Actually, now I'm thinking about it, I wrote about how your parents can have a "Larkin" effect on your music listening if you, as I did, take their word for it - and in fact my folks wrote off The Beach Boys as merely a surf-pop novelty band. They had never looked into the music that followed those early hits (and while we're at it plenty of that early music is great) and so that had an impact on me.

Discovering Pet Sounds and Smiley Smile and Surf's Up and Holland and Carl And The Passions - "So Tough" (even bits of Light Album and M.I.U. Album felt like something very special. A new world to me. And I heard all of that at around the same time that I was hearing Brian Wilson's self-titled solo album and I Just Wasn't Made For These Times (also Orange Crate Art and Imagination) and even the song "Brian Wilson" by Barenaked Ladies (which Wilson would cover).

Soon there were more books, TV movies and documentaries, seeing the Mike Love-version of what was left of The Beach Boys, hearing Dennis Wilson's great Pacific Ocean Blue, and more books - and more music - and then, finally, I saw Brian Wilson perform his SMiLE show.

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The last 30 years of Eric Clapton’s career: Turgid

10:59am 30 Jun 2015

SIMON SWEETMAN

In a word. Well, lifeless. Or lazy. Uninspired. Dull. Meaningless. Take your pick I guess.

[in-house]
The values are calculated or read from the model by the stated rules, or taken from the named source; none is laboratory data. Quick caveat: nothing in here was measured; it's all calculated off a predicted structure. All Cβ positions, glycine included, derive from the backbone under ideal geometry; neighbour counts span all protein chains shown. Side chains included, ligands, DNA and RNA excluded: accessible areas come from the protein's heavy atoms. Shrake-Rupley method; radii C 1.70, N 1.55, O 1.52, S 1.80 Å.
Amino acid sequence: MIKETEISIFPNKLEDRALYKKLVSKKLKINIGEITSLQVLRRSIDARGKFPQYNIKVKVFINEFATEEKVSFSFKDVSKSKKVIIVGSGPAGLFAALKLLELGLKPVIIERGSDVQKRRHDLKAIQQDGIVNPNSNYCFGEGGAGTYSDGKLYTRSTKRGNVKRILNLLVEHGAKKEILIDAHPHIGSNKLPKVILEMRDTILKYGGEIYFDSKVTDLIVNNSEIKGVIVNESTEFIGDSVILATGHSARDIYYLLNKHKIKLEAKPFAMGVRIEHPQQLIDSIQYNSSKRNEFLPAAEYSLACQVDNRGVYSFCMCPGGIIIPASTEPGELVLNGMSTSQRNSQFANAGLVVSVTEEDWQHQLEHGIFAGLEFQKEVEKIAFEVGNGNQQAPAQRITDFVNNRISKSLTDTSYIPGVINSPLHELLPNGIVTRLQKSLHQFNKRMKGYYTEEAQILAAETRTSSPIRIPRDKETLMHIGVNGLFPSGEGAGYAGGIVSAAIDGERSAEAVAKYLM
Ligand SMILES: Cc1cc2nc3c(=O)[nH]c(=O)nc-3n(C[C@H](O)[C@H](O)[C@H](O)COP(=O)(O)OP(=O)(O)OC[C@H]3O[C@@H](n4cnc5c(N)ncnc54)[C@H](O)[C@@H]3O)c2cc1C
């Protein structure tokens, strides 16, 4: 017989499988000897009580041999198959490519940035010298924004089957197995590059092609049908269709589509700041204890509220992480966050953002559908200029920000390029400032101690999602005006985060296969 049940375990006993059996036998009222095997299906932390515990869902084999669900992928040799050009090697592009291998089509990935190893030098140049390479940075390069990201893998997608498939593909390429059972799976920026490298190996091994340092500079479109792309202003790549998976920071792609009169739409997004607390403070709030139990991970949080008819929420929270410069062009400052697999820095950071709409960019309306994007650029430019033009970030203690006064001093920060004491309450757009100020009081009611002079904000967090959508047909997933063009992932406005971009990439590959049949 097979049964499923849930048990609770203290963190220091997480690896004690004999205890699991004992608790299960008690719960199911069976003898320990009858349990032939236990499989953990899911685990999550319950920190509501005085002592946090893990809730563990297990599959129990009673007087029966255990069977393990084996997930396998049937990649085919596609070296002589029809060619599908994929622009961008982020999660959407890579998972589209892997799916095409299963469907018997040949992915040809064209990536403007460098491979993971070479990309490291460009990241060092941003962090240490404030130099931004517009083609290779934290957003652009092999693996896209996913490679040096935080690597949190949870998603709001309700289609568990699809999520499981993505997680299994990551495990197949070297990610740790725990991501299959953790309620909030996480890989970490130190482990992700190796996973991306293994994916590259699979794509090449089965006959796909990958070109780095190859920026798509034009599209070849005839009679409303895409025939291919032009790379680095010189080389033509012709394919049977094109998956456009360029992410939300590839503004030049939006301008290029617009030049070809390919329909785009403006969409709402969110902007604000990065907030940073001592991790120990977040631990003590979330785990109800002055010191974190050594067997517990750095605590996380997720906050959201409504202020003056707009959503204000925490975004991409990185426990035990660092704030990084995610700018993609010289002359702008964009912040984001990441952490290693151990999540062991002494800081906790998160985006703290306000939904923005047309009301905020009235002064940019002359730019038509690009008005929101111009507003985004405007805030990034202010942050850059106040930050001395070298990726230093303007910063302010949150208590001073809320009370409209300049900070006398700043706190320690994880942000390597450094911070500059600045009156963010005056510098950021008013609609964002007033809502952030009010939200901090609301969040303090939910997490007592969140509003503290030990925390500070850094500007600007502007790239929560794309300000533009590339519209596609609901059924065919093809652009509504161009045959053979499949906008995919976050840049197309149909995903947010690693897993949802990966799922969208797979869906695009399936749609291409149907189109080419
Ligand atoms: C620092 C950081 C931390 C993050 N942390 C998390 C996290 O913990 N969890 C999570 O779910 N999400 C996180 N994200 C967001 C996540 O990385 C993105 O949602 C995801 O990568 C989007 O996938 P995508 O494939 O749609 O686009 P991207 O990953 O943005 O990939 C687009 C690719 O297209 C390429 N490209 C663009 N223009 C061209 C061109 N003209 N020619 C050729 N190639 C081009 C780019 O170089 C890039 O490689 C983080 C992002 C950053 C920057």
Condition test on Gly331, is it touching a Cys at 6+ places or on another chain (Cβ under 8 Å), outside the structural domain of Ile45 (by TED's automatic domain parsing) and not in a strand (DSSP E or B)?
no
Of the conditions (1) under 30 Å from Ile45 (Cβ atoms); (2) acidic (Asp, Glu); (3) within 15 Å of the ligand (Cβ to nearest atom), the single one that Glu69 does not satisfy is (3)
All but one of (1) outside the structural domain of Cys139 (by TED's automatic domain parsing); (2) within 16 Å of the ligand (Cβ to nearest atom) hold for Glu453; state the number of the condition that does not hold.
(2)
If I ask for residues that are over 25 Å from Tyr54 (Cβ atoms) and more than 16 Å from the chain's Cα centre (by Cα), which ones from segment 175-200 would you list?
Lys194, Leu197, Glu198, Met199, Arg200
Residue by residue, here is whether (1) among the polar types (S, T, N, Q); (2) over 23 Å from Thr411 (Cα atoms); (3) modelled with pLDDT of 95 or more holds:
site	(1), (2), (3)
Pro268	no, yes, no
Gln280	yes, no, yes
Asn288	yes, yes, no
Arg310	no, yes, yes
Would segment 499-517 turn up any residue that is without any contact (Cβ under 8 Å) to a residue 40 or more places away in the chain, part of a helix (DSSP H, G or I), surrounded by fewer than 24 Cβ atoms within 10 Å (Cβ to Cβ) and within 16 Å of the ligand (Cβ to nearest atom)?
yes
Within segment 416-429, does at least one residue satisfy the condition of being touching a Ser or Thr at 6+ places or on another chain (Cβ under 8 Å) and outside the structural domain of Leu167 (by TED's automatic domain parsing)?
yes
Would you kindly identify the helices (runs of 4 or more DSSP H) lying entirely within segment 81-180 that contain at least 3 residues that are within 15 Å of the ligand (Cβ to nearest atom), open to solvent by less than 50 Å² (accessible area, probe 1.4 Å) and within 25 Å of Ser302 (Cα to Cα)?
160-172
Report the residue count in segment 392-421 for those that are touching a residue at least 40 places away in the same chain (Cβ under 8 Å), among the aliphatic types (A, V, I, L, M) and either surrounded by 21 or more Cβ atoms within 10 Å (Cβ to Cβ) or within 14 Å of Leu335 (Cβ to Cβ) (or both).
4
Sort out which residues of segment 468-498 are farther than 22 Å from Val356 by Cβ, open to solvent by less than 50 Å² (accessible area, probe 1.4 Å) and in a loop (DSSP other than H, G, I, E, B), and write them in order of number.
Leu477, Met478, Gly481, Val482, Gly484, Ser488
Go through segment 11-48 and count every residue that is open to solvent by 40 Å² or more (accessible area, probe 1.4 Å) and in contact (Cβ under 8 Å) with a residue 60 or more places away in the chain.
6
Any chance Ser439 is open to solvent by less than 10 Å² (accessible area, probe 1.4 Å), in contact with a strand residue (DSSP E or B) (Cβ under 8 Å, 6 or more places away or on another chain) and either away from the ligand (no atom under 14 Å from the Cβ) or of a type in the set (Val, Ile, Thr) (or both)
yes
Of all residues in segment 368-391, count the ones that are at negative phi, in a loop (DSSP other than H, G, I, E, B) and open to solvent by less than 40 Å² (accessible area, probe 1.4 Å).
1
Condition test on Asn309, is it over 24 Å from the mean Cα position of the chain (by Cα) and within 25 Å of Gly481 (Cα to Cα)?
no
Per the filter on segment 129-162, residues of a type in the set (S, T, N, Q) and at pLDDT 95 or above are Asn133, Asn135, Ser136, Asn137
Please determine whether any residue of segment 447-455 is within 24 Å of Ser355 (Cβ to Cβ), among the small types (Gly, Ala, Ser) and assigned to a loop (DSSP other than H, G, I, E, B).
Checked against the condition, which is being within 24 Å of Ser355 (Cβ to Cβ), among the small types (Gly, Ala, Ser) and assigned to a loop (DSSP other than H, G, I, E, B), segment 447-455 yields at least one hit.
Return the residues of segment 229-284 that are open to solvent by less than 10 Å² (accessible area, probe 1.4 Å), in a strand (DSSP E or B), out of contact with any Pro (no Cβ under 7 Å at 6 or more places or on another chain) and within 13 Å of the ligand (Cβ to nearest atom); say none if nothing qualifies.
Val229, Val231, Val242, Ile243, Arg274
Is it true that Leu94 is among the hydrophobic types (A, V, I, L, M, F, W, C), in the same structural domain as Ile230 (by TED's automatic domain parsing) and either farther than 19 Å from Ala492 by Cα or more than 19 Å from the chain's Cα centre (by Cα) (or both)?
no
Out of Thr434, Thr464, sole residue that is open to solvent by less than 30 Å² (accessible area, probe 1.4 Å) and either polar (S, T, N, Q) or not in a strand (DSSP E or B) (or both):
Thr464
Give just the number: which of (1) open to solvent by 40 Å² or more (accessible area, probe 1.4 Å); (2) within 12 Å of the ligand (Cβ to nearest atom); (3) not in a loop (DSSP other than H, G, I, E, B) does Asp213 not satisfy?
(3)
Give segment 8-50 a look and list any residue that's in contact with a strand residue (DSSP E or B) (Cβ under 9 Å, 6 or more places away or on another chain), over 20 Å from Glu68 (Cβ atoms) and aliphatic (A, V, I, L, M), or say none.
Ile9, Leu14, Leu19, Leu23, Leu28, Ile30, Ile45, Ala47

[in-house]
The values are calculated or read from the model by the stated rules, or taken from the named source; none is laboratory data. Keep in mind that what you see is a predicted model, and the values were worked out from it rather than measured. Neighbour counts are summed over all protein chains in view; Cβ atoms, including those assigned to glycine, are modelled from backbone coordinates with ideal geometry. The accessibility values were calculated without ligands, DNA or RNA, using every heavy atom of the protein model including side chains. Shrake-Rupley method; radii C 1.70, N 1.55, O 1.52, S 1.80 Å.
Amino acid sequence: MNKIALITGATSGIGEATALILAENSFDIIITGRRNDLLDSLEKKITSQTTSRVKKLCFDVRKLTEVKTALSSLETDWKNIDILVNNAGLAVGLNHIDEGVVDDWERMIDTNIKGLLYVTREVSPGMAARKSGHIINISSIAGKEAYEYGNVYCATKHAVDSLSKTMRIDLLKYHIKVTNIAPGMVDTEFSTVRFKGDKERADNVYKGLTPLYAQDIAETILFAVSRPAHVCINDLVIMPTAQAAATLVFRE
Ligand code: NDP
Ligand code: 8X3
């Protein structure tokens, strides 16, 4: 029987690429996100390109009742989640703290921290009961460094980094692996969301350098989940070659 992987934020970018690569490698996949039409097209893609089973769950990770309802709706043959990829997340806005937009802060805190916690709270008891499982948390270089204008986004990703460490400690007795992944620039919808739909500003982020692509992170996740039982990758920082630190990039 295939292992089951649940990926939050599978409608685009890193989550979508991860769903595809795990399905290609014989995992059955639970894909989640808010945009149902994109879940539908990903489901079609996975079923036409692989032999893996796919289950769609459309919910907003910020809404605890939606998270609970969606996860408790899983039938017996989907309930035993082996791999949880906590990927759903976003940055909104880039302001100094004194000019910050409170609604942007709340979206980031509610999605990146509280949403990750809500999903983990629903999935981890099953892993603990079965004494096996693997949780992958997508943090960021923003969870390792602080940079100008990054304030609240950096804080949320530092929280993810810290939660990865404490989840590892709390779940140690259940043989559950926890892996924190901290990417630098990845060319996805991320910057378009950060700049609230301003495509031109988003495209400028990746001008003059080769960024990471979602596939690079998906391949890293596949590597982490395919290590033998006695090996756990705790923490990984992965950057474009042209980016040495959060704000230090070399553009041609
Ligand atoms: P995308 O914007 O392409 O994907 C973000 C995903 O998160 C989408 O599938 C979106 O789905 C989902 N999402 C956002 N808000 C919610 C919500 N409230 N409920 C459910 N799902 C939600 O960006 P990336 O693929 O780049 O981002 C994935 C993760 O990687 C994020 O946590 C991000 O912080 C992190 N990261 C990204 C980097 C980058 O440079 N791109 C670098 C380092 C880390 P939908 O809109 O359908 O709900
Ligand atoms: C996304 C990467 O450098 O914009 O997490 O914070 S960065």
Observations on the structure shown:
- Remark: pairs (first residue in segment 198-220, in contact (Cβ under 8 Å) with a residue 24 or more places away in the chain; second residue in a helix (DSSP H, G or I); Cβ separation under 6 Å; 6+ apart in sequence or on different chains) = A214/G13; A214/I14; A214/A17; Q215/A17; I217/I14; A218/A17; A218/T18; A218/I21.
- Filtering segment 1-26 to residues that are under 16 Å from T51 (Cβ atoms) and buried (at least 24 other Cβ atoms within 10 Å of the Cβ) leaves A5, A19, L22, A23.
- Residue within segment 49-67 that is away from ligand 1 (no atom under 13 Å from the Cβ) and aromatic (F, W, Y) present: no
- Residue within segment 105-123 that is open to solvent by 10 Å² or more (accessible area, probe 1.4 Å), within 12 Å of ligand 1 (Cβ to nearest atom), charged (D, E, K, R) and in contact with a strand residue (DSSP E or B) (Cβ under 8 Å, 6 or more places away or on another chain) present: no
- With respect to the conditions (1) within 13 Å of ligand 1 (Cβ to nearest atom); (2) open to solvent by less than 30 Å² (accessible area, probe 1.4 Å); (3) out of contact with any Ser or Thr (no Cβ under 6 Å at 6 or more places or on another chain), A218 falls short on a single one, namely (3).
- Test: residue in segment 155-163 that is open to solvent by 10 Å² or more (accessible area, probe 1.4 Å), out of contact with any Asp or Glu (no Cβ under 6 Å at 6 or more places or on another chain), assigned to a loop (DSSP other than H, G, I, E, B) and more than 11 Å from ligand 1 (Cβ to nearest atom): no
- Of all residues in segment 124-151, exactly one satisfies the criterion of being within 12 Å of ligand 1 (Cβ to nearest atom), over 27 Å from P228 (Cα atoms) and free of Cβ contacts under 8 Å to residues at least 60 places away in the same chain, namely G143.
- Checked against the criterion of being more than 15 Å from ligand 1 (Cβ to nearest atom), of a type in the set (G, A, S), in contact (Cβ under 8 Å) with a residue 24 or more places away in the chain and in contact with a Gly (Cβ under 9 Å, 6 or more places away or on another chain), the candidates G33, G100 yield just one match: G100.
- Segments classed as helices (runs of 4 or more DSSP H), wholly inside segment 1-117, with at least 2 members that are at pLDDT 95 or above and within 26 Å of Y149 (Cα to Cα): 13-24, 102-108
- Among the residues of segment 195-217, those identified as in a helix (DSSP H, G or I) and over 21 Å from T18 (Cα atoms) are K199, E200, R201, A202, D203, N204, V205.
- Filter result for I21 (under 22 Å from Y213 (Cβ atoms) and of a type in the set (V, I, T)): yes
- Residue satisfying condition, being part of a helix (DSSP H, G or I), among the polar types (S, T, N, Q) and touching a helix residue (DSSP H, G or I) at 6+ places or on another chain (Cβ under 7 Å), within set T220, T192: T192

I was an Eric Clapton fan. Was.

On a good day I'm still happy with most of that first decade of work he did - I have a soft spot for his first solo album, I'm a fan of Cream, Derek & The Dominos, Blind Faith, Delaney & Bonnie, his guitar solo on While My Guitar Gently Weeps, his playing on the Doris Troy record and his time with John Mayall's Bluesbreakers. I don't think anyone could argue that there was something special about his sound. I'm not saying he was the best. But he was one of the best. One of the most influential players.

By the time of the mid-70s all he wanted to do was be J.J. Cale so he covered a heap of Cale's tunes.

In 1990 I saw Eric Clapton live and it was one of the best shows ever, for what it symbolised, the start of my gig-going, and a chance, then, to see a hero - at the time when he was still a hero. I saw him again just under a decade ago, as work this time, a job, an assignment, and it was still pretty good. Because he favoured the Cream/Dominos material; it was Clapton looking back. You go to see his live show to hear the old hits. Forever-and-ever-Man

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Who is your favourite local bass player?

10:28am 29 Jun 2015

SIMON SWEETMAN

Many years ago we looked at favourite bass players - a fair enough topic to roll out one day on a music blog, and one we could revisited before now. We've certainly talked favourite drummers more than once, favourite guitarists too. And we got a good conversation going, back in the day, around favourite local drummers. It might be that I look for the drummer - do my best to listen in carefully there - but I certainly think New Zealand is blessed with some pretty incredible drumming talent (Wellington in particular, I feel).